Most folks don’t know this but if a child is potty trained under duress, it can cause a whole host of mental/emotional issues later on. Holding the breath, contacting muscles, unexplainable fears and terrors later on are some of the negative effects of forced potty training. It is best if you can allow your child to self-initiate this process naturally as much as possible. I knew an awesome caregiver who allowed all the little boys in her care to pee outside or in a big aluminum juice can set in the middle of the kitchen. Most of them would be running around freely, naked from the waist down and they loved the sound their urine stream would make on the sides of the juice can. She would praise them lovingly for a joy that they already owned for their accomplishment.
Kids don’t moralize that “pee or poo” is considered dirty, bad or awful. In fact they don’t have the maturity of the ego to understand why something that was naturally inside their body, part of them, is suddenly deemed yucky just because it is now in a diaper, in the tub or on the floor. The best parents I know don’t shove their limited way of looking at the world onto their babes prematurely. Kids work on the model of “ownership” and success so it is best if you can make this a win-win process for them as it will pay off in the long run.
If you get down on your hands and knees and imagine what it would be like to be a sixth of your present size and what it would be like to fall into the toilet, potentially not being able to get out, you’ll be off to the store to buy a suitable potty. Babes do best if they are permitted to wander and explore at their own pace around their own potty. Allow them to follow both parents into the washroom when you have to go, too. Special books with images of little kids making “poo poo” or “pee pee” in the potty can have a wonderful effect on cultivating the idea in your child. Allow them to choose whether or not the book resonates with them, as this is a safe indication of whether or not they are ready for the idea. If they seem inclined to sit on the potty while reading to themselves or while watching a favorite movie, provide them with praise and loving attentions such as, “What a big boy you are! Good job, buddy!” It is a mighty big decision for a child to separate from their own urine or stool. We rarely understand the magnitude of this decision. A consistent approach between the parents and caregivers is crucial.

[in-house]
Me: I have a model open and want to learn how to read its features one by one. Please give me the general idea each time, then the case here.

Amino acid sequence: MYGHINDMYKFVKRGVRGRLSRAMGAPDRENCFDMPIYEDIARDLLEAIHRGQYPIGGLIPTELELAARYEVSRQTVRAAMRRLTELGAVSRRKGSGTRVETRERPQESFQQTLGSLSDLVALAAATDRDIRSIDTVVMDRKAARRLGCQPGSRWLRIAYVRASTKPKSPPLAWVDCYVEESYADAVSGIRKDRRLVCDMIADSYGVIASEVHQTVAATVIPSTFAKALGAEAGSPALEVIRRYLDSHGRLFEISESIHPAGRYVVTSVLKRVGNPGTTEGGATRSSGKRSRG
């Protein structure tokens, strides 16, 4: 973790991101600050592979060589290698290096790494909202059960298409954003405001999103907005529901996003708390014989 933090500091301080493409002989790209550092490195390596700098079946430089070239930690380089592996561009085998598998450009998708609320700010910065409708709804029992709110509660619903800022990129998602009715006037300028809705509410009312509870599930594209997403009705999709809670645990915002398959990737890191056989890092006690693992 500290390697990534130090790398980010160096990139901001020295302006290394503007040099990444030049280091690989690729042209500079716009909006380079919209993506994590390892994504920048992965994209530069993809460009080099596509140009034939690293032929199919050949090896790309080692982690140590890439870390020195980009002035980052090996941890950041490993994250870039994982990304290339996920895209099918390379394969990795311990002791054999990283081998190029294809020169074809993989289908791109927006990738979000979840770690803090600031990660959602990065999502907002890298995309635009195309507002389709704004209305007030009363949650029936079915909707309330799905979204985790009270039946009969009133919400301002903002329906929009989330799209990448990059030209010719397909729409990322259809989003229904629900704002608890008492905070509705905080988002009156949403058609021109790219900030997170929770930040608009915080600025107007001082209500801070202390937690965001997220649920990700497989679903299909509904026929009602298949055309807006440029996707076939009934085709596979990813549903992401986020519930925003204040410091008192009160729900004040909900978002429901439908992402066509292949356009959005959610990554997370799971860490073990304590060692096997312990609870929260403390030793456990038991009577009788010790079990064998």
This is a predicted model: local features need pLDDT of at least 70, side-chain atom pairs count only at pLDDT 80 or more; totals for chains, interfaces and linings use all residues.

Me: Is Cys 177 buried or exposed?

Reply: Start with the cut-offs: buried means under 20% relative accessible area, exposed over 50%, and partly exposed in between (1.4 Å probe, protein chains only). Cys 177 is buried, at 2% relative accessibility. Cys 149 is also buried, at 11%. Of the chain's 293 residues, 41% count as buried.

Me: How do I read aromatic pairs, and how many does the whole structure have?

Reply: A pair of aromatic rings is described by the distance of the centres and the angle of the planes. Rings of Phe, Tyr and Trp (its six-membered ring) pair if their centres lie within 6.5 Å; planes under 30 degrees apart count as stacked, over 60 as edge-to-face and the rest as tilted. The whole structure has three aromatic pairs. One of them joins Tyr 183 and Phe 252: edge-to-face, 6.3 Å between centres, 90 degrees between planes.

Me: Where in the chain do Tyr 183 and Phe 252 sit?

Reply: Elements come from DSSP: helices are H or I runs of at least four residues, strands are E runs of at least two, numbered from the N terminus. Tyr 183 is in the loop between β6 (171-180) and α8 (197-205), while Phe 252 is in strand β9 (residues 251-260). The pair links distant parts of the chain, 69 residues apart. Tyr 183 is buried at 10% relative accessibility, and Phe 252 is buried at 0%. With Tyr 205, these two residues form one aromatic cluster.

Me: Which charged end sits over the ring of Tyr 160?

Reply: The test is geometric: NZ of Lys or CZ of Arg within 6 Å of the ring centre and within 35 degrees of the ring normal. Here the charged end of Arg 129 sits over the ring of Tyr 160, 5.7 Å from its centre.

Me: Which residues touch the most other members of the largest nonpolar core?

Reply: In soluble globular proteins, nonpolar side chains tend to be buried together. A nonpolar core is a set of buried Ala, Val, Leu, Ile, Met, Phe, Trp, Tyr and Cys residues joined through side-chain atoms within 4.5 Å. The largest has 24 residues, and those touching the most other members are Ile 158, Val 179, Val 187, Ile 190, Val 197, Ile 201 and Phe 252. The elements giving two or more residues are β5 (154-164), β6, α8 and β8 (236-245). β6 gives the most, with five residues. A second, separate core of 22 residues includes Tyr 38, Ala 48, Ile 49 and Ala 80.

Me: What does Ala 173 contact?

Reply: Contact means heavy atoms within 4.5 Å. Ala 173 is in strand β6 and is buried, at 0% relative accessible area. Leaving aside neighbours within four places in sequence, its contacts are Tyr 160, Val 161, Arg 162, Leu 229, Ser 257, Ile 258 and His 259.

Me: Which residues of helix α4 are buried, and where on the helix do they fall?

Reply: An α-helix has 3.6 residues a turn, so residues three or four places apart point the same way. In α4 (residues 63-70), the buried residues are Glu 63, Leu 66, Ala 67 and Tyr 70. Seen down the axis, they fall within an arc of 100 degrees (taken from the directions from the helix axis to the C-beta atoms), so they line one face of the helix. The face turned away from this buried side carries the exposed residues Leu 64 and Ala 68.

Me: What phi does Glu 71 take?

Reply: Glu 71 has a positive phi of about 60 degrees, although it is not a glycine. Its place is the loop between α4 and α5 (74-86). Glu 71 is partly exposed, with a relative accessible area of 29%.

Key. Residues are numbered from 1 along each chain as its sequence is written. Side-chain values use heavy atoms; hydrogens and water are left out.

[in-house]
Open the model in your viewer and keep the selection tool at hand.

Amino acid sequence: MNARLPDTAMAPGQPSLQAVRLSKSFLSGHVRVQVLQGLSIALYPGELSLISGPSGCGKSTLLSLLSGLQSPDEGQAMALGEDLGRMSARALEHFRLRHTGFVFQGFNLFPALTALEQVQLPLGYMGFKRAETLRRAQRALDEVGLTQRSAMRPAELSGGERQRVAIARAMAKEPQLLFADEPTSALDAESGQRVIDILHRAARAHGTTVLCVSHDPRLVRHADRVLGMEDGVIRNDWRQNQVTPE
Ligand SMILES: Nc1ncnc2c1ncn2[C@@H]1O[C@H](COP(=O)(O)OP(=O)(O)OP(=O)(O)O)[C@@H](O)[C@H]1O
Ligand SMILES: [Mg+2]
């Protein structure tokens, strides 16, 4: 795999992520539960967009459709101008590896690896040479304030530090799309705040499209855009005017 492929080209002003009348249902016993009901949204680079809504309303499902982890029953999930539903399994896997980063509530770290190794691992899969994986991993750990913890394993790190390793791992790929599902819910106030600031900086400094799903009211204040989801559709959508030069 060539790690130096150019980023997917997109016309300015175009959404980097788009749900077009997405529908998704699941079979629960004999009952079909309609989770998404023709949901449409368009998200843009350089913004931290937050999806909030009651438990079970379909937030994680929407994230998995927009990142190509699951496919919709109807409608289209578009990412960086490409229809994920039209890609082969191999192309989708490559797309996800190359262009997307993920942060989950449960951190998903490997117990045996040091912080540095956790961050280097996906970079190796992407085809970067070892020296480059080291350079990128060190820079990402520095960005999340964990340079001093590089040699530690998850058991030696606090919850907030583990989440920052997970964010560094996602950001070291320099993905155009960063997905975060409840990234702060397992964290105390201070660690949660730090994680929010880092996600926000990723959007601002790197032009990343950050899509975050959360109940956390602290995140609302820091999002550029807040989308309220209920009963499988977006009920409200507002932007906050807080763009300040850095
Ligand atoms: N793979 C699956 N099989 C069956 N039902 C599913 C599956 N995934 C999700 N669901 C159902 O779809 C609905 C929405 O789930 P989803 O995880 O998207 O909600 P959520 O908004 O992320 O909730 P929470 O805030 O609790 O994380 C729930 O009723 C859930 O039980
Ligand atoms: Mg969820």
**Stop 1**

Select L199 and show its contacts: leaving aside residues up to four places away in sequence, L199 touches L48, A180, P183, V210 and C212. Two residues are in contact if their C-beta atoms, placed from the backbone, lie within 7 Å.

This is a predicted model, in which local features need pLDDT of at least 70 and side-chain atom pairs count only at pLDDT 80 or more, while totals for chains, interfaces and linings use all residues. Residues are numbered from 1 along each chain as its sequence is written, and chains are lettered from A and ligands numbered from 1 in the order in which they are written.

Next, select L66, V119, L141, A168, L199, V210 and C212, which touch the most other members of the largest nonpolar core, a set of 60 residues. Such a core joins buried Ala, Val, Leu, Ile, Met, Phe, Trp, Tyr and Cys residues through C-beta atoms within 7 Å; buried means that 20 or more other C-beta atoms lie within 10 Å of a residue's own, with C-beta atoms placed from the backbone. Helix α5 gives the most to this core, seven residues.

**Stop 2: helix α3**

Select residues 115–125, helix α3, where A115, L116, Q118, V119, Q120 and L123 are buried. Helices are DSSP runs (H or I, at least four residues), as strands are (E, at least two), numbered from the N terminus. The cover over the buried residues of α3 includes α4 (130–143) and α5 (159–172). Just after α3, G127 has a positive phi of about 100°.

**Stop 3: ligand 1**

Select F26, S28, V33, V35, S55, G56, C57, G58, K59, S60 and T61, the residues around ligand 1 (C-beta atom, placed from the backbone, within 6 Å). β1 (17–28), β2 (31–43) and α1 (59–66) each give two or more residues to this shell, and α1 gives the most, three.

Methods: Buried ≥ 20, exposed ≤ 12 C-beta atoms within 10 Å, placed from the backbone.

If things are not going well and you suspect your caregiver may be forcing the issue, you will notice potty training anxiety such as:
- being scared of the flush of the toilet when you use it.
- Feeling pushed, or having been punished for a previous potty attempt will be illustrated as shame.
- A history of painful bowel movements from constipation.
- holding of breath / tightening of muscles.
I was shocked and upset to see my own son spontaneous stop using the potty after a DPTP (Diptheria, Polio, Tetanus, and Pertussis) shot. He would go behind a large plant in the hall screaming out, “Don’t look at me!” He would clench every muscle in his body, which seemed very counter-productive to the aim, as he attempted to “hold on” to his excrement. Although he was wearing a pull-up and encouraged to “let go” using any means that pleased him, it was the beginning of a nightmare so extreme that he was hospitalized 7 times for constipation, once being put under general anaesthetic to have the impacted stool manually removed. Later my son was labelled as “ADD” and then “Autistic.” Thankfully, we were able to resolve the underlying cause with a systematic approach called Heilkunst medicine. At the time of writing this, he is a thriving 21 year old man without an ounce of residue from this nightmare we lived when he was just a babe.
- Potty training anxiety summary
- general tips about healthy potty training
- follow the timing and rhythm of the child (they usually start showing an interest anywhere between 18 months and 30 years; tends to be on the earlier side for girls); Will also vary with different personality types of children
- allow the child to feel “ownership” about the process – have their own potty (rather than the large scary toilet).
- Special toys or books that are only used when sitting on the potty
- Encourage feeling of pride in accomplishment (“big boy / girl”)
- Potential causes of anxiety about toilet training:
- Scared of the flush of the toilet
- Feeling pushed, or having been punished for a previous potty attempt
- Inconsistency from the parent or caregivers
- If the child has a history of painful bowel movements from constipation
- explore this with an orgonomic lens
- parents who need the child to be “pleasing” and follow expectations of potty training
- holding of breath / tightening of muscles
- nat-m in parents / family ambient
- example of a couple who lost a previous baby, and were still carrying the grief into the next pregnancy
- PTC (The Path to Cure; The Whole Art Of Healing Autism) example of Jordan / DPTP vaccine and then withholding
- General developmental stages of potty training
- learning how to use various muscles to have a bowel movement is a process and takes time, related to overall health of child and successfully moving through each stage of development without other blockages or interferences (emotions, miasms, etc.)
- general tips about healthy potty training